Medically Reviewed Evidence Based

Dog Throwing Up Clear Liquid And Water: What To Do?

Margarita Boyd
Reviewed by: Dr. Margarita Boyd, BVSc MRCVS
Dogs can vomit for many different reasons, and most of the time it is nothing to worry about. A dog vomiting traces of food is common and has happened to every dog owner, but what if your dog is vomiting water? In this text we're exploring this matter a little deeper!

Vomiting episodes are never pleasant experiences, for you as a dog owner or for your dog. However, these situations are inevitable and will happen every once in a while.

The most common situation is when a dog is throwing up traces of food and it’s usually a sign of an upset stomach or a problem in the digestive system.

Most commonly when a dog is throwing up traces of food it is a sign of an upset stomach or a problem in the digestive system.

But what does it mean when a dog is throwing up water? Or what does it mean when a dog throwing up clear liquid? Or how dog vomiting clear liquid is really something to be upset about? Or if dog coughing up clear liquid is something to stress about? How dangerous it is?

We understand that you’re probably worried if you see that your dog is vomiting water. You may never have seen this before and naturally, you are wondering what to do?

Should you give him more water in order to re-hydrate? Or should you give him some food?

Scroll down and find out more about possible causes and treatments for vomiting water. But first of all, let’s clear out one thing:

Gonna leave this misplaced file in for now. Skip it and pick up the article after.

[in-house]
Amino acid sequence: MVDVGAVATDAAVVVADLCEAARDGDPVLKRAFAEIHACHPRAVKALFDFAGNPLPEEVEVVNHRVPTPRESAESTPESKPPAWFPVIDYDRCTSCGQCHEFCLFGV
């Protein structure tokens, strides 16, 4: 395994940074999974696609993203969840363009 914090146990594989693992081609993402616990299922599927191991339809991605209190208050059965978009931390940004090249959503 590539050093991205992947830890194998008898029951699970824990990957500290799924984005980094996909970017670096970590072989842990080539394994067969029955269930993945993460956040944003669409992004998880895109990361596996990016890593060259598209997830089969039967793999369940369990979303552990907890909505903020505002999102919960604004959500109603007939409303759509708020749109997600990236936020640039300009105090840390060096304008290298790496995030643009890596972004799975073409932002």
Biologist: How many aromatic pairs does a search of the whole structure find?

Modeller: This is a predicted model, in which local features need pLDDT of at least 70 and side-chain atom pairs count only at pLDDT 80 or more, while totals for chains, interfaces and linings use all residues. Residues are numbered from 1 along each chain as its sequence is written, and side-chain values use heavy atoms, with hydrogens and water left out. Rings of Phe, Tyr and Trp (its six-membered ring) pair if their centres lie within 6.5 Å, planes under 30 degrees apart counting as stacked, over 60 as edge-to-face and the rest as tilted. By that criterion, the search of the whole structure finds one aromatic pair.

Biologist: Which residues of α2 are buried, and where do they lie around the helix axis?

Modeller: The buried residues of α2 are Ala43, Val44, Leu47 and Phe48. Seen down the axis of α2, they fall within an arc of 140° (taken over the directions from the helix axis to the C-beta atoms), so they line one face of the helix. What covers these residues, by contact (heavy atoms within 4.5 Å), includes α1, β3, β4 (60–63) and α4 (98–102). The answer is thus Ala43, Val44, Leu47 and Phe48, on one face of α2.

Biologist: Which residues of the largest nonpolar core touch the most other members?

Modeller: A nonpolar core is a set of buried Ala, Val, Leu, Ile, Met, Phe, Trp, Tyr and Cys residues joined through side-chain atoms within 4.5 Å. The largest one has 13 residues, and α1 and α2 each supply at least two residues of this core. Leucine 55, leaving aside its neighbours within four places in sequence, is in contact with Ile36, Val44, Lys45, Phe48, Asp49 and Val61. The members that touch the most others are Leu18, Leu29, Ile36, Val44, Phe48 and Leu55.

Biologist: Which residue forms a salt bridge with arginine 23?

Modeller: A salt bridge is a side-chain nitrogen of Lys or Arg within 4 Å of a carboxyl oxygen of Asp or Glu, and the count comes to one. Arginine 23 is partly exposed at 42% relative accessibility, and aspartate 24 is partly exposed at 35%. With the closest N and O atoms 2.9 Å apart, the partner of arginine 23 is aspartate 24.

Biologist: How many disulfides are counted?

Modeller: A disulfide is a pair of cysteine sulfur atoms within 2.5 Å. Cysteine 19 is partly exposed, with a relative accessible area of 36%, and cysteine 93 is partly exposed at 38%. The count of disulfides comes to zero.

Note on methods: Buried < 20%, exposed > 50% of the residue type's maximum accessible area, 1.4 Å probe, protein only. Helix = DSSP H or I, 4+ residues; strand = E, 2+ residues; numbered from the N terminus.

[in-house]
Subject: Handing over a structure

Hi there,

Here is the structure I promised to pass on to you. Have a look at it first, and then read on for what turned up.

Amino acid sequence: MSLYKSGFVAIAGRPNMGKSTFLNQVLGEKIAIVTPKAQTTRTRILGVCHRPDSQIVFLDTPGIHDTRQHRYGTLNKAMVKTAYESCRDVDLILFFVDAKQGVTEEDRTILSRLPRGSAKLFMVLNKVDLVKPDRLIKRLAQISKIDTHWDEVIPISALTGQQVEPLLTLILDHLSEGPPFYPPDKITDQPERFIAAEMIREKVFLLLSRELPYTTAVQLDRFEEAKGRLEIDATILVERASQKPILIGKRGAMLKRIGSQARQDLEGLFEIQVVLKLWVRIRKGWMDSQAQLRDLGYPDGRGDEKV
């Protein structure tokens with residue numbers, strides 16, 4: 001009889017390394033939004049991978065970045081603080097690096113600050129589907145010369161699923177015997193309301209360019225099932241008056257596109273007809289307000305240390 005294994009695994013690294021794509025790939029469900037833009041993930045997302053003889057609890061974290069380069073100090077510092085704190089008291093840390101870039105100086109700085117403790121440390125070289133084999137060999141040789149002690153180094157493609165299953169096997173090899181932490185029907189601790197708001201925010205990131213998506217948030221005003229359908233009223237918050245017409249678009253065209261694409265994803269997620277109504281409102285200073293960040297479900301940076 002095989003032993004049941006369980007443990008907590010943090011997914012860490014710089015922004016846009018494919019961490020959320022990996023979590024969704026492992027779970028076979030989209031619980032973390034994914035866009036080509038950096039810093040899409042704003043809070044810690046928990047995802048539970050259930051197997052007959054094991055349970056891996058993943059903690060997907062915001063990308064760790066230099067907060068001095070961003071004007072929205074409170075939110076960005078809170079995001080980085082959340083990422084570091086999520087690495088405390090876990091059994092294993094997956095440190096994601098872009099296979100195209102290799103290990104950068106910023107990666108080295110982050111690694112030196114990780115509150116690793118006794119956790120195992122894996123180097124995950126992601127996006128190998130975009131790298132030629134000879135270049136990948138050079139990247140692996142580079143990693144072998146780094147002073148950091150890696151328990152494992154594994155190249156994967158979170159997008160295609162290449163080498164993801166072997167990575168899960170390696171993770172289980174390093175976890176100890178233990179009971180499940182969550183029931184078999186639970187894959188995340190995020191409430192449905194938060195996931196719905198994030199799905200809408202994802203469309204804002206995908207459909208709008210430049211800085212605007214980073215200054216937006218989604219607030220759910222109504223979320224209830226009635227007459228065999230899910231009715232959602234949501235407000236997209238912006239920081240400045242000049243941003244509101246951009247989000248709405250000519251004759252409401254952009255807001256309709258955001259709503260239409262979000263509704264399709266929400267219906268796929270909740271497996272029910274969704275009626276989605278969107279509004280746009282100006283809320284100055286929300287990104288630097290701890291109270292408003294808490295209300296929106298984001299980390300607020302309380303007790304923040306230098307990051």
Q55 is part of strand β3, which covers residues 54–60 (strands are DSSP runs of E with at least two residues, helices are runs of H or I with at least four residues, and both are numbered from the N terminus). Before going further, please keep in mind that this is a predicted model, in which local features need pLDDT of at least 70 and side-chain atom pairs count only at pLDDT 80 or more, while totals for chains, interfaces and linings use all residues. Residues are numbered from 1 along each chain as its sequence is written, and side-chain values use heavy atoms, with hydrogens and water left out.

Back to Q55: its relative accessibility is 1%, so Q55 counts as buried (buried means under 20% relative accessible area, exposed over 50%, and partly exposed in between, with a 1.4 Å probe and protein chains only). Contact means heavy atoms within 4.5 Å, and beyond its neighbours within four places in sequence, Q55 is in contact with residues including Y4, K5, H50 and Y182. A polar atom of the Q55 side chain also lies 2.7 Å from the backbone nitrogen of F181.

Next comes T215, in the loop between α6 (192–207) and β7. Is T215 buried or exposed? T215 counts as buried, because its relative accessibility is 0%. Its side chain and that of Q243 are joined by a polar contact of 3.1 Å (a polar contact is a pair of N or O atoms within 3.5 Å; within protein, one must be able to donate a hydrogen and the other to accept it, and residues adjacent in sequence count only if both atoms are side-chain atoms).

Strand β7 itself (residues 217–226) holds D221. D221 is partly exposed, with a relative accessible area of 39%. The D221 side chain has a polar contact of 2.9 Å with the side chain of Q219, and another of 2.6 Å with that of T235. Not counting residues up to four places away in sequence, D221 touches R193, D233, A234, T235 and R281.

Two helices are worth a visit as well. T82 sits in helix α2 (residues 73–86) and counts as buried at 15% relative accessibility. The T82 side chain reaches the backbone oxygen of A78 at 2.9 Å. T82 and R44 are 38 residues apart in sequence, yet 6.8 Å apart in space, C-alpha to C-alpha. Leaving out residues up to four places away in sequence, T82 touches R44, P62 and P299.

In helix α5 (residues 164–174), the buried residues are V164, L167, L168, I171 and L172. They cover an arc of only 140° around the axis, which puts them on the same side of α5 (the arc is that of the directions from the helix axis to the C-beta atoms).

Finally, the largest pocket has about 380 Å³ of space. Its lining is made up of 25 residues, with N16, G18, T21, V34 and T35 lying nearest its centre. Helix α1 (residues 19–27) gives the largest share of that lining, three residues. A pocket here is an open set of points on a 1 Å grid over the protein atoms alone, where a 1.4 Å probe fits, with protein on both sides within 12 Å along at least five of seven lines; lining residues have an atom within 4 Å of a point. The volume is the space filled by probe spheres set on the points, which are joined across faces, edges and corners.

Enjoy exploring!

Is Your Dog Actually Throwing Up Water?

When you see that your dog is throwing up a clear liquid that looks like water, it’s usually not water they’re vomiting!

Readers often want to know more about a certain health condition in dogs, and one of the most frequent questions that we receive is – Why is my dog throwing up clear liquid? Read on to get worries driving this question off your shoulders.

Dog vomiting water is actually something different! The liquid is, in fact, gastric juice, an acid that is a natural and essential part of the digestive process.

However, if your dog vomits straight after drinking lots of water, it will probably be a mixture of water and gastric juice.

You still want the answer to the question – my dog keeps drinking water and throwing up? Read on to debunk this mystery once for all.

Now that we’ve sorted this out, let’s take a look at what throwing up ”water” could mean!

Why Is My Dog Throwing Up Water?

The reason why your dog is throwing up gastric juice and no food could be very simple – because it hasn’t eaten anything.

Even if your dog is not eating, the stomach will still contain some gastric juice even if no food is passing through.

This is usually the main reason why dog throwing up water.

It could also be because the dog has eaten something earlier that day or the previous day, which is irritating the digestive tract and causing it to feel sick.

In some cases, it could be a side effect from getting stressed or anxious. If this is the case, the vomiting should normally cease after he or she calms down and feels more relaxed. Other dogs will vomit a watery substance if they are very excited.